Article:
One of the truisms of the tax world is that people have been hiding assets from collectors for as long as collectors have existed. It follows that they will continue to do so until taxes either go away or we exist in some sort of Minority Report-esque society where it is impossible to violate the law. The main reason people cheat (or 'fudge' depending on viewpoints) taxes is obvious; the more one pays in taxes, the less they have remaining for personal consumption and/or savings in whatever form they choose. What is less obvious to the casual observer is that it is actually fairly easy to do so without getting caught, even on a fairly large level. The IRS, as maligned as it is, has limited resources (when congress gets out the budget pen, the taxman isn't high on the list of funding priorities). This of course means that limited resources go to enforcement. Most of these efforts are then focused on corporations or obvious and gross anomalies.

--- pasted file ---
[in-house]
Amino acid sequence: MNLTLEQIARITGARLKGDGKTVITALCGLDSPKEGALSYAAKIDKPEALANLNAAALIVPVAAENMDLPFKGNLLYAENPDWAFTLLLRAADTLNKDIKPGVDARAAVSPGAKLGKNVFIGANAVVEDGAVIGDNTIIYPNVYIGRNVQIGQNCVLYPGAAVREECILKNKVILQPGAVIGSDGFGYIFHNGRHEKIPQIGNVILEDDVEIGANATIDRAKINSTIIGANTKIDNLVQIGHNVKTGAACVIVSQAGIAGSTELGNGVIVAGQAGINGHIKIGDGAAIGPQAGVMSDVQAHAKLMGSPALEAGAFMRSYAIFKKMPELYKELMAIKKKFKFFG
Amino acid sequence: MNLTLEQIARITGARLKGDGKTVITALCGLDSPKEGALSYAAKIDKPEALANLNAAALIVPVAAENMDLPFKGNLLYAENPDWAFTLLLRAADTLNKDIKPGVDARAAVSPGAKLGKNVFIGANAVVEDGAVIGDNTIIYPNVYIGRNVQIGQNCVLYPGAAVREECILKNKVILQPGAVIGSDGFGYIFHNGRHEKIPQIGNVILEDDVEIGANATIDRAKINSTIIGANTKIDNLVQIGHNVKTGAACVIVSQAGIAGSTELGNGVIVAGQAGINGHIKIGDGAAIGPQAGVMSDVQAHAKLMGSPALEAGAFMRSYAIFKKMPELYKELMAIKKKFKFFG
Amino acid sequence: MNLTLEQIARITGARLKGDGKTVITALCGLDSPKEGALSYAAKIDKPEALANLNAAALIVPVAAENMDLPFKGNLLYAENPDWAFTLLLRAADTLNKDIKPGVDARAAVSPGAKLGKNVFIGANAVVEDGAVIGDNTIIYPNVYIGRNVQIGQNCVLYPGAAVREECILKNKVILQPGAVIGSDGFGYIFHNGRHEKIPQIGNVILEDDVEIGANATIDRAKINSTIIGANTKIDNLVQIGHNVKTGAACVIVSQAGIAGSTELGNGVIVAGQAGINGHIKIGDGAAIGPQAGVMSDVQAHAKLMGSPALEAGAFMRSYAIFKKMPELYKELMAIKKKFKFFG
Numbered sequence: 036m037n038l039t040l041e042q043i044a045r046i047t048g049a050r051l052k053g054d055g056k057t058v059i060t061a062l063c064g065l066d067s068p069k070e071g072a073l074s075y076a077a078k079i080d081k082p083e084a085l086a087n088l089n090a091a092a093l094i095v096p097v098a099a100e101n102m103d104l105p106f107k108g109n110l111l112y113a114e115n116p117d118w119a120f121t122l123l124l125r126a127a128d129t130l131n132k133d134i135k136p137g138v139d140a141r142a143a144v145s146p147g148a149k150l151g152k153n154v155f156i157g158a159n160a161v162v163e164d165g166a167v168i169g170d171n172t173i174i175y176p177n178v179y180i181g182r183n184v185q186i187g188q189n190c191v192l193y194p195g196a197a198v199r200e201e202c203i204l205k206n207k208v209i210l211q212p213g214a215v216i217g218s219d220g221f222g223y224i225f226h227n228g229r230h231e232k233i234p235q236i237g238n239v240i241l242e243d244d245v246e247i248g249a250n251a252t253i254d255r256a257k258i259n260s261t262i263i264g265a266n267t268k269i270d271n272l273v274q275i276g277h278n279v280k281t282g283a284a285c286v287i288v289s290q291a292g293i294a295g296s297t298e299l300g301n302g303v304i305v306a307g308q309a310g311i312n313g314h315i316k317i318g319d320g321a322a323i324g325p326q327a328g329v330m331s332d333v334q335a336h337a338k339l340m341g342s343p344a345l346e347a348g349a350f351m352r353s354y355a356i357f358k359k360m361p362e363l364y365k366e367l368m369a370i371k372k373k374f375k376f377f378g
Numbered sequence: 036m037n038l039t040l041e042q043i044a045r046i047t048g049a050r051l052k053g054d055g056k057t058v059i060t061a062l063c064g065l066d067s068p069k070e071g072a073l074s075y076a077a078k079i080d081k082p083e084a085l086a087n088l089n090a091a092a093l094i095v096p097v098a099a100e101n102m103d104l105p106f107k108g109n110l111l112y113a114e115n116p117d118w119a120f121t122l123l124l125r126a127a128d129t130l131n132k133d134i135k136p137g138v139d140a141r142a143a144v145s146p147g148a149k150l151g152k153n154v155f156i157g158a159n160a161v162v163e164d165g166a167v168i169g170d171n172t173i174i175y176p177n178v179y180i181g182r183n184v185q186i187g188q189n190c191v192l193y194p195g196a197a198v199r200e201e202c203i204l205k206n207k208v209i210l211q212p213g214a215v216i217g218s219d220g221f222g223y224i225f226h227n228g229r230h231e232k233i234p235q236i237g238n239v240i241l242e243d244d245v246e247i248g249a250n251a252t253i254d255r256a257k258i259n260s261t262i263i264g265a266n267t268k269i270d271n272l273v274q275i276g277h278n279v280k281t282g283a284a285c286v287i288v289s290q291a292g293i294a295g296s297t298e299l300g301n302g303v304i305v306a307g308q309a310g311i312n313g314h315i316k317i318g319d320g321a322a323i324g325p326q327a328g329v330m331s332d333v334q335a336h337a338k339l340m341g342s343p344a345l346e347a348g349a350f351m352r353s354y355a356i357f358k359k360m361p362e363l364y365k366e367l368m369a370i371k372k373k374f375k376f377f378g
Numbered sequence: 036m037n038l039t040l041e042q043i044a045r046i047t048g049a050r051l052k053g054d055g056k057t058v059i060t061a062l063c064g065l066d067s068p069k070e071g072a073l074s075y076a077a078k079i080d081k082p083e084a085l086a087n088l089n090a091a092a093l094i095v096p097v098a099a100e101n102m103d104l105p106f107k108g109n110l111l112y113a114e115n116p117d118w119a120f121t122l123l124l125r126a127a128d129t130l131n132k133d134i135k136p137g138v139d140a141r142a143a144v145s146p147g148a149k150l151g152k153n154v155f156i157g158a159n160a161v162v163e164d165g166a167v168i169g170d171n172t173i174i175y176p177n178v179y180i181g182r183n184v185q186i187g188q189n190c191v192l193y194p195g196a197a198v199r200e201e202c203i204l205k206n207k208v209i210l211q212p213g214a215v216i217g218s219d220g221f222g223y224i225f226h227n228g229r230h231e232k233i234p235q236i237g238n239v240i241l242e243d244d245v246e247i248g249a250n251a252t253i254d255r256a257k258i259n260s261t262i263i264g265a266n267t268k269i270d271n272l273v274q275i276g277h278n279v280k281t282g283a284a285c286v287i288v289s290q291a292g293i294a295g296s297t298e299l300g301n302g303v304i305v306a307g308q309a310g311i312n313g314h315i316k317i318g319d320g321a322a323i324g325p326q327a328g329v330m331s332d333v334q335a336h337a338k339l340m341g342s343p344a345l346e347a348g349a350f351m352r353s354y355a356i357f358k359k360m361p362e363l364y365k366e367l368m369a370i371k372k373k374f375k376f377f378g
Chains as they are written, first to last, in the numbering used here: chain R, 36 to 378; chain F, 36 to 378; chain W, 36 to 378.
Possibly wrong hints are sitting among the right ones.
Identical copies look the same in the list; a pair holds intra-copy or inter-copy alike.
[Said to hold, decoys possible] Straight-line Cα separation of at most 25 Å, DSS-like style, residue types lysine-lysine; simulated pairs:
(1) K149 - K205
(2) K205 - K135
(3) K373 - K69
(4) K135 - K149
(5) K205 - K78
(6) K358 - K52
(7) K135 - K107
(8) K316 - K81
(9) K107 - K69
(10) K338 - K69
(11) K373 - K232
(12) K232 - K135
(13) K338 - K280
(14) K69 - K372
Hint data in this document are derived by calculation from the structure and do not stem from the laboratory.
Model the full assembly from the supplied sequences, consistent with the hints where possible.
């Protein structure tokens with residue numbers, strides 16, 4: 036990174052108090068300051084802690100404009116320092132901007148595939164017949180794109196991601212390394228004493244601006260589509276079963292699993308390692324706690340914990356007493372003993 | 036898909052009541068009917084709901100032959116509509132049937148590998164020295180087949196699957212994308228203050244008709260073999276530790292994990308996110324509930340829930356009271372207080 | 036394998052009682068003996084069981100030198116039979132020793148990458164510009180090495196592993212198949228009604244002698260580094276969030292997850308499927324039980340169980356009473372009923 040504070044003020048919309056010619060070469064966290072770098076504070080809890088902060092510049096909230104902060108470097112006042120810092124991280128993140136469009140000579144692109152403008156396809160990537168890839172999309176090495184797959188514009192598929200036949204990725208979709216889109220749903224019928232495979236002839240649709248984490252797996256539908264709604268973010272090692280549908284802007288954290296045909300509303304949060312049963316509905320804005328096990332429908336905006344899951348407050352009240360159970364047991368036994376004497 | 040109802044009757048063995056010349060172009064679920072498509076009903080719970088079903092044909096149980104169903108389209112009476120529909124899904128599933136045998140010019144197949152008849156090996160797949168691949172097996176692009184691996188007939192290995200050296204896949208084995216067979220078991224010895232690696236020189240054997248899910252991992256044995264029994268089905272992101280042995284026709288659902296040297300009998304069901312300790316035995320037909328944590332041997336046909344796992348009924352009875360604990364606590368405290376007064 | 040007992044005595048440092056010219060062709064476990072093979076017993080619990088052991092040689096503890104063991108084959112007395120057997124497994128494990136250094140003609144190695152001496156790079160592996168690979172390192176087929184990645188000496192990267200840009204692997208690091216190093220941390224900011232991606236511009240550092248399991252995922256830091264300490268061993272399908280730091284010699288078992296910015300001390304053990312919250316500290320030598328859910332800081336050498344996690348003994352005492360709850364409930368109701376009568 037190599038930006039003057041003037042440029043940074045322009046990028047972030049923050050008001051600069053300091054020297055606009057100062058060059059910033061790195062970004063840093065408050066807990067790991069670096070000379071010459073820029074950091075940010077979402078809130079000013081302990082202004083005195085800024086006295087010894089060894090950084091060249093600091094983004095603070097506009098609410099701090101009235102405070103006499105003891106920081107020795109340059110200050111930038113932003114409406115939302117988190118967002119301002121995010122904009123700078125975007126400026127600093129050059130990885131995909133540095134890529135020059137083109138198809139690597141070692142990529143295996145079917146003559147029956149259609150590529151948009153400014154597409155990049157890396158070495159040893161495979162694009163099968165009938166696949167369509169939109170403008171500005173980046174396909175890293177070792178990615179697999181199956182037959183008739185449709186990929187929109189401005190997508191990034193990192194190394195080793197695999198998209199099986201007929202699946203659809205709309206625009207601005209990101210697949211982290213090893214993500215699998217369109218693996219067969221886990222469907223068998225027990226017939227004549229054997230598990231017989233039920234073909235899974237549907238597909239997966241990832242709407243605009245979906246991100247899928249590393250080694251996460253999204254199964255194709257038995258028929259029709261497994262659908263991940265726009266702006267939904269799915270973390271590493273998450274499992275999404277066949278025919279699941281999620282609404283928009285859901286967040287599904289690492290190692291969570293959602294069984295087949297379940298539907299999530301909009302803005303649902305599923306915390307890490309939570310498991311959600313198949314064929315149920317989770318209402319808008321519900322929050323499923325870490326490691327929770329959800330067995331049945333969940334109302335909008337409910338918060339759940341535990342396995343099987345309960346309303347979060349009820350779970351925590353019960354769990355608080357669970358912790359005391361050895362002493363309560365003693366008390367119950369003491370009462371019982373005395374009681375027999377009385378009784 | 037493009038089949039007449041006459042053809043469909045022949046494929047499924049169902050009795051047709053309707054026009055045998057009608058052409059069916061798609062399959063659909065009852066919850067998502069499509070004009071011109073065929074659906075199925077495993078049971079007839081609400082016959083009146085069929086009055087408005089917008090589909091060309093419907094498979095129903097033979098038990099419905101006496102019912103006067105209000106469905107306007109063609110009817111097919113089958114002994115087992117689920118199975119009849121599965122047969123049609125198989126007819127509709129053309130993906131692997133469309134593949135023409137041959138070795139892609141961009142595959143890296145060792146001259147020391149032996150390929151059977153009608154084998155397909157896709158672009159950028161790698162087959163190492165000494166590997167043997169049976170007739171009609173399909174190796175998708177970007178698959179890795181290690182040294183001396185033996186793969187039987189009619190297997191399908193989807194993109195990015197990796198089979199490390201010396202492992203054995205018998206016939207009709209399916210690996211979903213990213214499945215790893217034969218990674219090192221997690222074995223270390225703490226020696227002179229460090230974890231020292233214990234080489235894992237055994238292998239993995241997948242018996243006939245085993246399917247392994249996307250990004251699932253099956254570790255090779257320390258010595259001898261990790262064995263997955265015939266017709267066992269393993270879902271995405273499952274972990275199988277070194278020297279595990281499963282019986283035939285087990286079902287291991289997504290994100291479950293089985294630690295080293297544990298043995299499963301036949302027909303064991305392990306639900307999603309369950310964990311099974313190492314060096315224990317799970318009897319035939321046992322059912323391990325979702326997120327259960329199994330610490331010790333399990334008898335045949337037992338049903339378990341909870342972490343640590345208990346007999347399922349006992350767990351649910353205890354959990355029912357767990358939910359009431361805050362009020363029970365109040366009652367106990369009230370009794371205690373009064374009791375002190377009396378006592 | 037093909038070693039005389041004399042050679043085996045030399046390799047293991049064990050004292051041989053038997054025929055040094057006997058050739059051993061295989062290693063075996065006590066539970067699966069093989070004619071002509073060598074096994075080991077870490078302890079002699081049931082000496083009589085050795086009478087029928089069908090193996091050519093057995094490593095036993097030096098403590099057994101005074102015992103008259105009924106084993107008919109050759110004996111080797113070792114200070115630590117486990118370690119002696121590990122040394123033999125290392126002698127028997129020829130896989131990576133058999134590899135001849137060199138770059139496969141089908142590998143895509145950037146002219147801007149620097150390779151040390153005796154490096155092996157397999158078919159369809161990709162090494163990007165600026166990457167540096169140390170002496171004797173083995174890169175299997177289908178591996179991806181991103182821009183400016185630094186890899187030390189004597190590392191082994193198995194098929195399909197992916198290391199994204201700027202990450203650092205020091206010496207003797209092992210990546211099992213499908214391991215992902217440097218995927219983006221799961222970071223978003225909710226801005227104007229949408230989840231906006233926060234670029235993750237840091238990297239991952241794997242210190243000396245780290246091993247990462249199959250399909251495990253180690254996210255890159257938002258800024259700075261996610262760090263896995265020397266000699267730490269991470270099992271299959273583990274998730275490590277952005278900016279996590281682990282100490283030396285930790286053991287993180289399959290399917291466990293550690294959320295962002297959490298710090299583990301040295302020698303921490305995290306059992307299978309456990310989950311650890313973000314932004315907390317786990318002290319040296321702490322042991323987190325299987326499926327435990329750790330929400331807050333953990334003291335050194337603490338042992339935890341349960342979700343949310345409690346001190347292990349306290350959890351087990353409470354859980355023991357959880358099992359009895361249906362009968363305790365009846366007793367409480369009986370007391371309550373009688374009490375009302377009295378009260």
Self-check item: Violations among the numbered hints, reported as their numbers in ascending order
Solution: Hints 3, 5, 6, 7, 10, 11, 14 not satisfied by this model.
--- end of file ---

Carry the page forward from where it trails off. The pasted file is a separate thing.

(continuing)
Therefore, most cheats gets away with it. Ultimately, even when cheats are caught, not much happens to them. Well-publicized situations like that of Wesley Snipes aside, the main goal even after violations occur is to account for lost revenues. To that end, the IRS will occasionally embark on amnesty programs intended to entice cheaters to come clean, serving the end of adding to the coffers of the government while allowing the taxpayers to avoid jail and court time. Typically penalties are reduced as well. One such effort in 2009 uncovered 15,000 individuals with offshore accounts. With that many people avoiding payment, and as most people who go through the trouble and expense of holding assets offshore typically have substantial assets to protect, the numbers could potentially be enormous. After the success of the 2009 program, the government announced a new round. Details can be found on Reuters here.